Anchorage Museum installs temporary exhibit in downtown transit center

ANCHORAGE, Alaska (KTUU) — A portion of the transit center in downtown Anchorage will serve a new purpose starting this weekend.

"Things like this change the perspective of the building," Andrew Halcro, Executive Director of Anchorage Community Development Authority said. Despite a state of the art design in the 1980s, the building has been a troubled area for downtown.

"It has a bad reputation for a reason and the reason is it's a poorly designed facility. Too much opportunity for bad behavior and you have to change that," Halcro said.

With no shortage of vacancies after offices and restaurants relocated, a few blocks away the Anchorage Museum saw an opportunity to branch out. "We want it to feel like a different space. We want it to feel like a very accessible space we want it to feel like it's community owned" Anchorage Museum Director and CEO, Julie Decker said.

Only a few months ago, the Department of Corrections had a street level office in the transit center.

Now, the same space has been transformed into a temporary art exhibit called, Librería Donceles and used book store. "This space is really about possibilities and spaces we don't really encounter too much in our contemporary lives. Books and bookstores are sadly disappearing from our urban landscape," Du Brock said.

"It's a way to engage community in a way that's unexpected from a museum perspective. It doesn't look like traditional art hanging on the wall," Chief Curator, Francesca Du Brock said.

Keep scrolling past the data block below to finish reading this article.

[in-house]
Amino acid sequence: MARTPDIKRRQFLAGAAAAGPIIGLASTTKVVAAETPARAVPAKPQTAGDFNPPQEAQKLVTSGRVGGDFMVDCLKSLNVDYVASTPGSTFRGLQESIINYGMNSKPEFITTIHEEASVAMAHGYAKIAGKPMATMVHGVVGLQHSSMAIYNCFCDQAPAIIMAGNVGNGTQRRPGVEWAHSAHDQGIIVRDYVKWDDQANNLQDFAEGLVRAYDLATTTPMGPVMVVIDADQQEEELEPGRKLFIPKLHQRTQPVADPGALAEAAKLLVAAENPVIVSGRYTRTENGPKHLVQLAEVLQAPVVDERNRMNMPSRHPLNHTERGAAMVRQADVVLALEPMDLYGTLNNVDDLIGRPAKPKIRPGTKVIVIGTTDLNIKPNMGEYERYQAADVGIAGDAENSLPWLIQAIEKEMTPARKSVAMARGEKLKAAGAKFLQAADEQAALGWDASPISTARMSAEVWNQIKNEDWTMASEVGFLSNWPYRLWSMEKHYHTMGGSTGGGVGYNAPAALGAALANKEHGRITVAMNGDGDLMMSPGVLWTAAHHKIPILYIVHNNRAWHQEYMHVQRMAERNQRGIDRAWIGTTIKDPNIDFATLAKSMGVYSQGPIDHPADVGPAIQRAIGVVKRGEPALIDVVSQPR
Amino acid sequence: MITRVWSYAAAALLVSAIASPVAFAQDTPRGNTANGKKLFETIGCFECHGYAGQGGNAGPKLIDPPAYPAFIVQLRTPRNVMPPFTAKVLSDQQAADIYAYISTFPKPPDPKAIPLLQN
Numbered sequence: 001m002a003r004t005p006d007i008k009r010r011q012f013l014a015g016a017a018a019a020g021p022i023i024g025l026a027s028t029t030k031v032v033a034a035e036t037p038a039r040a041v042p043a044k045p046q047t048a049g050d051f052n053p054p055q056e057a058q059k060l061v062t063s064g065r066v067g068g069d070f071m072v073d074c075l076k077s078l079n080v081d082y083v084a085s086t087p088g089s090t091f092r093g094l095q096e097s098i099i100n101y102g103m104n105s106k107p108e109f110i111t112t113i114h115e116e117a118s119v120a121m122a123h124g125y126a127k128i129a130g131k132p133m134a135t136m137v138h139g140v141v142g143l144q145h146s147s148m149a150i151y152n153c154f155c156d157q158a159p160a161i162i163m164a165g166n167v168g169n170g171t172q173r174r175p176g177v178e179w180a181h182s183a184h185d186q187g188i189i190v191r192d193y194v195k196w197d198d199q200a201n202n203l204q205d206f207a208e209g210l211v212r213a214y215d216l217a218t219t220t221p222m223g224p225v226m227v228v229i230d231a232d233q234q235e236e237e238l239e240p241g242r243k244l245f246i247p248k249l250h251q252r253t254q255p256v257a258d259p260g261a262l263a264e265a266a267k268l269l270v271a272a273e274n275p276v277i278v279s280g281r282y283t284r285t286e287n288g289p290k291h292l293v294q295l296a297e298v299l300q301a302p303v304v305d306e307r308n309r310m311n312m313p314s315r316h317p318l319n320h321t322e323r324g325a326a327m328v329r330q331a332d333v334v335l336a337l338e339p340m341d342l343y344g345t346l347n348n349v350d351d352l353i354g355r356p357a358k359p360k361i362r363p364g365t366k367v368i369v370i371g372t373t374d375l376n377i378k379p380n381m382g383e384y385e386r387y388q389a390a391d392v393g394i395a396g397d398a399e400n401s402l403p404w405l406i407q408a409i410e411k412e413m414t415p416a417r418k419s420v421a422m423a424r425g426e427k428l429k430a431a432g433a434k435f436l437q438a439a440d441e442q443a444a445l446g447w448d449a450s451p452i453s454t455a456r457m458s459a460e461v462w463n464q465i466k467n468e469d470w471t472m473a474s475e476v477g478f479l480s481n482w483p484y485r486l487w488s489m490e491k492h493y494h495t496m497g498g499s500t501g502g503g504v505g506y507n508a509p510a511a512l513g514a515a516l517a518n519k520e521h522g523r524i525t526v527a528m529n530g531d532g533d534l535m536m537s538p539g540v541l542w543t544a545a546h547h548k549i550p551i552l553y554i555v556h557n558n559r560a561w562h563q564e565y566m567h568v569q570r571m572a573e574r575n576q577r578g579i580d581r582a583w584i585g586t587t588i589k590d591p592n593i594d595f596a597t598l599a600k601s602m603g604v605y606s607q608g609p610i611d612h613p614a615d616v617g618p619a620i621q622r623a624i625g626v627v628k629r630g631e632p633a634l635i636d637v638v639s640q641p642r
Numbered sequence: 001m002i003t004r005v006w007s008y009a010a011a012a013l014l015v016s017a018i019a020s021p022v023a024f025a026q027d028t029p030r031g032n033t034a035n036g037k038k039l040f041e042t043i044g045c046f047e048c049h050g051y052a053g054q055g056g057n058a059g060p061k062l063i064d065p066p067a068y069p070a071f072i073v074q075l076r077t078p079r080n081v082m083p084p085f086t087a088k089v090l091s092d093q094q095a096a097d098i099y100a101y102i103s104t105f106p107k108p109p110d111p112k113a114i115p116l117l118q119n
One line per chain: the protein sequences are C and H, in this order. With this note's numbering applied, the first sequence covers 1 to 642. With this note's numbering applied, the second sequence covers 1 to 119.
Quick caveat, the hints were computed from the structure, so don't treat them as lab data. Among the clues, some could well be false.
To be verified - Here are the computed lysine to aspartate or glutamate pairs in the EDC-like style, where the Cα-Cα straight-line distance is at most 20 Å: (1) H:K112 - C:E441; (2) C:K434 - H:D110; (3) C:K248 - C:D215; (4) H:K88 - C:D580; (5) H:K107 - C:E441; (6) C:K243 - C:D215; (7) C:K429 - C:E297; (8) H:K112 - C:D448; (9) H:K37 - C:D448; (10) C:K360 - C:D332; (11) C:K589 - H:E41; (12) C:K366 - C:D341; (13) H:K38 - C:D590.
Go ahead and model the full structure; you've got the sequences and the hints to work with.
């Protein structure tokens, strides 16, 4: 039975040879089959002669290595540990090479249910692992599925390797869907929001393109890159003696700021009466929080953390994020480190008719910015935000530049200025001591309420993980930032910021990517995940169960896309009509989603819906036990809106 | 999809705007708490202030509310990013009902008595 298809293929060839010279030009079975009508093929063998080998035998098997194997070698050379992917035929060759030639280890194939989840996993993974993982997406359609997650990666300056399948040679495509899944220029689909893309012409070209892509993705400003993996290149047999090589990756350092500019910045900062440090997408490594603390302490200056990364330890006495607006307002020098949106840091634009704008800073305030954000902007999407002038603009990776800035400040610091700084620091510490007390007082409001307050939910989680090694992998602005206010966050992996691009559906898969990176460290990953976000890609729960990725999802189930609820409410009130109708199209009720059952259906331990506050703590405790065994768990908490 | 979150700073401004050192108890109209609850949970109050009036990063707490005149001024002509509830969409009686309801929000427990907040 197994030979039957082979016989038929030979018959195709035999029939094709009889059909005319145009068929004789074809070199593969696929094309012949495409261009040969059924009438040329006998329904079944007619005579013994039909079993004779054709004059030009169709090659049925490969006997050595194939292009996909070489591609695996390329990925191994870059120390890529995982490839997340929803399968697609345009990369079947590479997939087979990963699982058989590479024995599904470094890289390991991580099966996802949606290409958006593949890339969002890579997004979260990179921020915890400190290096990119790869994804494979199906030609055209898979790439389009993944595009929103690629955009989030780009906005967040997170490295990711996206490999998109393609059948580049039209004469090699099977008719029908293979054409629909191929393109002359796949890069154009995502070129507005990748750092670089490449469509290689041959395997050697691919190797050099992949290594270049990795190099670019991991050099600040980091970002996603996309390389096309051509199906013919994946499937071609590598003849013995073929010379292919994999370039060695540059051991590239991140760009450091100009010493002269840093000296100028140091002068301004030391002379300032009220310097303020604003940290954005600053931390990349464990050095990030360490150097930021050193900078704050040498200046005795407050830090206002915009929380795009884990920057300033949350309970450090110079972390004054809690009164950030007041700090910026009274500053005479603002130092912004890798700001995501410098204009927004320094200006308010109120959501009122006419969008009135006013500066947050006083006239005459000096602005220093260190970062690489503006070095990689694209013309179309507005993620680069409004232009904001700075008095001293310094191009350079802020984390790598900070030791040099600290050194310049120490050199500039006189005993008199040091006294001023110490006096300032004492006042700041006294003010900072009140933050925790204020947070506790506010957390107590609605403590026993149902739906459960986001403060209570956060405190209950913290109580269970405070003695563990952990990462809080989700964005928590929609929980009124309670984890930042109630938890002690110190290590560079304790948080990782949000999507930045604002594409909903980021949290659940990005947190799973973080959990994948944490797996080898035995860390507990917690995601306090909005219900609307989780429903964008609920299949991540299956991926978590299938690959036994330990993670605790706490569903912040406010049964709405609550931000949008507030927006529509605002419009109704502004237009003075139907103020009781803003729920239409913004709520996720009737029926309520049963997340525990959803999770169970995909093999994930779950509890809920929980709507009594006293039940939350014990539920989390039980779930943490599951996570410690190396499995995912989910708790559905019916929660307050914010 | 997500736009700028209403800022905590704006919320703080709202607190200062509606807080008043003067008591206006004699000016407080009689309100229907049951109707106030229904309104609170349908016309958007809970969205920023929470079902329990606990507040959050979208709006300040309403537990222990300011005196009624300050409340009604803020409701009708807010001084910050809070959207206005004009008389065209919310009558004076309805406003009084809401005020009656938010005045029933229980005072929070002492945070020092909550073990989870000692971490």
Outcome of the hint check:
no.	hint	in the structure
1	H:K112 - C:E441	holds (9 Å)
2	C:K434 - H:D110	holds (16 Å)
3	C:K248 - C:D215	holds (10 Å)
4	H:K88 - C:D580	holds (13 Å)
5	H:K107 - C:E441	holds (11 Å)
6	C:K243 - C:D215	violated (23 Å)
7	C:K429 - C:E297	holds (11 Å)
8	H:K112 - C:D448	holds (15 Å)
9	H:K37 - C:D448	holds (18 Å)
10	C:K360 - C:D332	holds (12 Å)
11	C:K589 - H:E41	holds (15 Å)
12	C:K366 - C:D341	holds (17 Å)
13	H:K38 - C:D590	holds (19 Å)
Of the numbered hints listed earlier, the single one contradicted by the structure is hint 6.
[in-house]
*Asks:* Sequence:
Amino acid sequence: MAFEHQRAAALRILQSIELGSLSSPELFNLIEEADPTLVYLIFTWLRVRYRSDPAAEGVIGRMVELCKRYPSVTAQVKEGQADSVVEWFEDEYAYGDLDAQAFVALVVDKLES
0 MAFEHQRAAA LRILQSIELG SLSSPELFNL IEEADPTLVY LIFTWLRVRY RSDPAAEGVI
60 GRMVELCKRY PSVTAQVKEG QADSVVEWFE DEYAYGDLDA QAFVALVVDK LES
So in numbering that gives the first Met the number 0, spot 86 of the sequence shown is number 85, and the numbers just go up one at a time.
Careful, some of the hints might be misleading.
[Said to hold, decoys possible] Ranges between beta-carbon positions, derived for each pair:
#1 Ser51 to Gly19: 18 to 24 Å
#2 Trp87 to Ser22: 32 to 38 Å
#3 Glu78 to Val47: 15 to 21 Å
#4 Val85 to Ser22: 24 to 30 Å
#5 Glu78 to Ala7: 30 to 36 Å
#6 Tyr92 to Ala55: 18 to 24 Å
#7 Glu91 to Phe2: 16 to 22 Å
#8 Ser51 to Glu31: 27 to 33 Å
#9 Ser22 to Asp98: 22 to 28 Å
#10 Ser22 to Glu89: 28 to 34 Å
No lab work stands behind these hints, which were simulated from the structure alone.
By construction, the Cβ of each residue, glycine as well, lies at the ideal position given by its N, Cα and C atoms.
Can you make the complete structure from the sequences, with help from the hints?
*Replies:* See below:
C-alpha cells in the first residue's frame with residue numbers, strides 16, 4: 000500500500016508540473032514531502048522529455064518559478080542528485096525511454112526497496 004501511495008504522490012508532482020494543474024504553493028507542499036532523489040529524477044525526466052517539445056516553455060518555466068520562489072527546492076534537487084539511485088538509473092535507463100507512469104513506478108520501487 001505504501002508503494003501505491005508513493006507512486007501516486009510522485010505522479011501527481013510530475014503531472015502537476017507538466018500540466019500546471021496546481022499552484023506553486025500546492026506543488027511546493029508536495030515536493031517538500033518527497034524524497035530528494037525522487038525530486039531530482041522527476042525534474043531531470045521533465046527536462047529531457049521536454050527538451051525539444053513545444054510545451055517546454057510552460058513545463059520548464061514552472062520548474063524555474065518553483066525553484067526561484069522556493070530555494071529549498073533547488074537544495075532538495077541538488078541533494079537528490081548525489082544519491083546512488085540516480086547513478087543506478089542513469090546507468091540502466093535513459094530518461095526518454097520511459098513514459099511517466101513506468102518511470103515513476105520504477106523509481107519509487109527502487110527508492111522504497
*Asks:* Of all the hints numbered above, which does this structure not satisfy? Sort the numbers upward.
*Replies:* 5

Every book is in spanish and donated by someone in Mexico. "People pay what they want for the books, there are certain books that are not for sale that have traveled to all the different cities and should remain with the collection," Du Brock said. The traveling pop-up has been in major cities like Boston, New York and Miami.

Decker said temporary installations outside the museum are part of the plan to develop the Design District, a designated area between Fifth and Sixth Avenues and A to C Streets. "People don't necessarily go to a museum but they have important stories to tell and it's important for us to listen and learn from our communities. So, we're doing more and more projects outside our walls."

"What we love about design is its incredibly optimistic. It looks toward the future, it removes barriers, it's open and inclusive and its really about problem solving," Decker said about the idea to keep the district in a state of evolution.

An opening for the exhibit is scheduled for Saturday from 4 p.m. - 7 p.m.